In 1973, you were the first composer to write the score of an american’s martial arts film, "Enter the Dragon". You once said that you felt like Ennio Morricone with the Spaghetti Western....
Yes, I wanted to say Ennio Morricone did Westerns films where the music was "bigger than life", because he researched the exaggeration. He did it very well. I thought that, for "Enter the Dragon", I had to use the same idea, exaggerate with the music, and run away from the oriental elements.
"The Fox" is one of your more admired scores because of your elegancy and light bareness, are you glad with this score?
Yes, I was in a very good tuning with the director Mark Rydell, who also plays jazz piano. The producer said to me, that because the film had only two female characters and one male, I could help the film if I wrote a very commercial score with a great symphony orchestra. I said it wasn´t the way of the film, because all was very intimate, with a few characters in the middle of Canadá, enclosed by a lot of snow and beautiful surroundings. It would be an exaggeration of a very bad taste to use a symphony orchestra there. So I decided to write a chamber-musical piece, a very intimate one and Rydell agreed with me.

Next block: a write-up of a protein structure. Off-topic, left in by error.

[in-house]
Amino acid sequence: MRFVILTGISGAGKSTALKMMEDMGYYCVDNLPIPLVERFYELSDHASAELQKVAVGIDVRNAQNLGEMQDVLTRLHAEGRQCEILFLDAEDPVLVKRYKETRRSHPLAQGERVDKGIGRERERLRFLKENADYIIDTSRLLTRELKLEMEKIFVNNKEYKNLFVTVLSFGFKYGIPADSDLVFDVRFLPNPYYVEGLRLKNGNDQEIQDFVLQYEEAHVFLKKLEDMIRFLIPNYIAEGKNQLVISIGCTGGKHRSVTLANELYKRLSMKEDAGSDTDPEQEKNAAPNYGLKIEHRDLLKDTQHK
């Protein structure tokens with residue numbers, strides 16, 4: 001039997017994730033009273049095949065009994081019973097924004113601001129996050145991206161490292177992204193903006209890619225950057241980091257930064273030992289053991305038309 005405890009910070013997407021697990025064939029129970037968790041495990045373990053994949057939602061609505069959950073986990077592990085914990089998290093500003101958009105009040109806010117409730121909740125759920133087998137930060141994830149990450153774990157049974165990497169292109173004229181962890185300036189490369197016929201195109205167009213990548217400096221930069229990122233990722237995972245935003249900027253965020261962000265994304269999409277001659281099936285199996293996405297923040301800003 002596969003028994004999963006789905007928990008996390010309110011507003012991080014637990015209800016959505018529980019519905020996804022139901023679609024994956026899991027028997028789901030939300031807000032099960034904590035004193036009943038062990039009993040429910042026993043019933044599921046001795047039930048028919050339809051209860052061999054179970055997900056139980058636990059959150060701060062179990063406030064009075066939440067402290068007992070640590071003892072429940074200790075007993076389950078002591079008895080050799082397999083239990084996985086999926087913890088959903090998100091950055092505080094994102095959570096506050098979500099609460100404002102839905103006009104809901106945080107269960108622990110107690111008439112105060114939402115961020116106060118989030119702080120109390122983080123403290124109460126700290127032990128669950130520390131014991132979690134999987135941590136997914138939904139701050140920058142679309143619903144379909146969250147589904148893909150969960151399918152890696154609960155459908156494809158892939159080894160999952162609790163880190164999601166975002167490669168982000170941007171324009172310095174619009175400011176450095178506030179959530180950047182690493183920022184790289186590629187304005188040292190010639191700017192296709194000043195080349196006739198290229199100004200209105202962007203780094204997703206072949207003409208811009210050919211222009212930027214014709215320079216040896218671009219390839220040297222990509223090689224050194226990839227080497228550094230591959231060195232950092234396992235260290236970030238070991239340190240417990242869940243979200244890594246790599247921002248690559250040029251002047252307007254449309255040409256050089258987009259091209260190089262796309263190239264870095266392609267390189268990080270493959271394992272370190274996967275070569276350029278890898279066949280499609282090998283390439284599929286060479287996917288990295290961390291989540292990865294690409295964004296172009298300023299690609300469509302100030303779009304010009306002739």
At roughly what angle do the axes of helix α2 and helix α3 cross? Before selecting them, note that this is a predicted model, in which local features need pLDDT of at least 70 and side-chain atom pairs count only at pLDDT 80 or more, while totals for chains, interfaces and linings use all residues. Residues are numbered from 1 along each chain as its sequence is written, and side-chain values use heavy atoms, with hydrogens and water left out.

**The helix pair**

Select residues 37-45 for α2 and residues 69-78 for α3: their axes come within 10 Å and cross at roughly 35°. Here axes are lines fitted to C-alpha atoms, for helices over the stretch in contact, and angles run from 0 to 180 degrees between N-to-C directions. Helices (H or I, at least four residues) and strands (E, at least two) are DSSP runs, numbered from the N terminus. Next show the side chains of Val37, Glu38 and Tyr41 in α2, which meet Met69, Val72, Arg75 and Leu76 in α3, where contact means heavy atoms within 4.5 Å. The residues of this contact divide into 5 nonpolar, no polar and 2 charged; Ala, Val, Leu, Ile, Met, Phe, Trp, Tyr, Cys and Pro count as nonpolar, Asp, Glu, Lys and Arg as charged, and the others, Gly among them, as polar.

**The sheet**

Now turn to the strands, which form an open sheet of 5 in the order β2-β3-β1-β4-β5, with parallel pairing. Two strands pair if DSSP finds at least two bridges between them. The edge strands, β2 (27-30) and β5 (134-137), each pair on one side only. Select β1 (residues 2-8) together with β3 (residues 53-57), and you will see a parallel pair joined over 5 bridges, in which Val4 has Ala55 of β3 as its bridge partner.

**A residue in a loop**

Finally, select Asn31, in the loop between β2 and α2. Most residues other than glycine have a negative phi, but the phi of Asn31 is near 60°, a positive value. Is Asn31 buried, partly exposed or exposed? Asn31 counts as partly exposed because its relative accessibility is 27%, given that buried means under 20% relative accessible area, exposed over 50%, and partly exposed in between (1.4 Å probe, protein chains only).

I wrote for a little orchestra with flute, string quartet, oboe, fagot, horn, clarinet, piano, clavecín and some percussion.
"Le pelle" of Liliana Cavani, has one of you best love themes, how do you remember this collaboration?
Very well, I had read Curzio Malaparte's book before, who has won the Nobel prize. I knew the history, and I think Liliana Cavani did a wonderful work, with a great influence from Fellini. It was a very beautiful experience because I recorded the score in Rome with the Santa Cecilia Academy Orchestra, one of the best orchestras of Italy.
With "Anno Domini", with one of your most memorable main themes, you entered in the Religious-themed area. Was it the first time you wrote for this kind of movie?
No. Previously, Pope John XXIII commissioned me to write the "Missus in Jazz" for whom I won a Grammy. I´ve had a great relationship with the Vatican. I got to meet the new Pope, Benedictus XVI (Joseph Ratzinger) three years ago in Hannover (Alemania), where I played the "Missus in Jazz". There were the German prime minister, and the archbishop from Hannover. He brought Rantzinger to the concert. He was curious with jazz music and he liked it.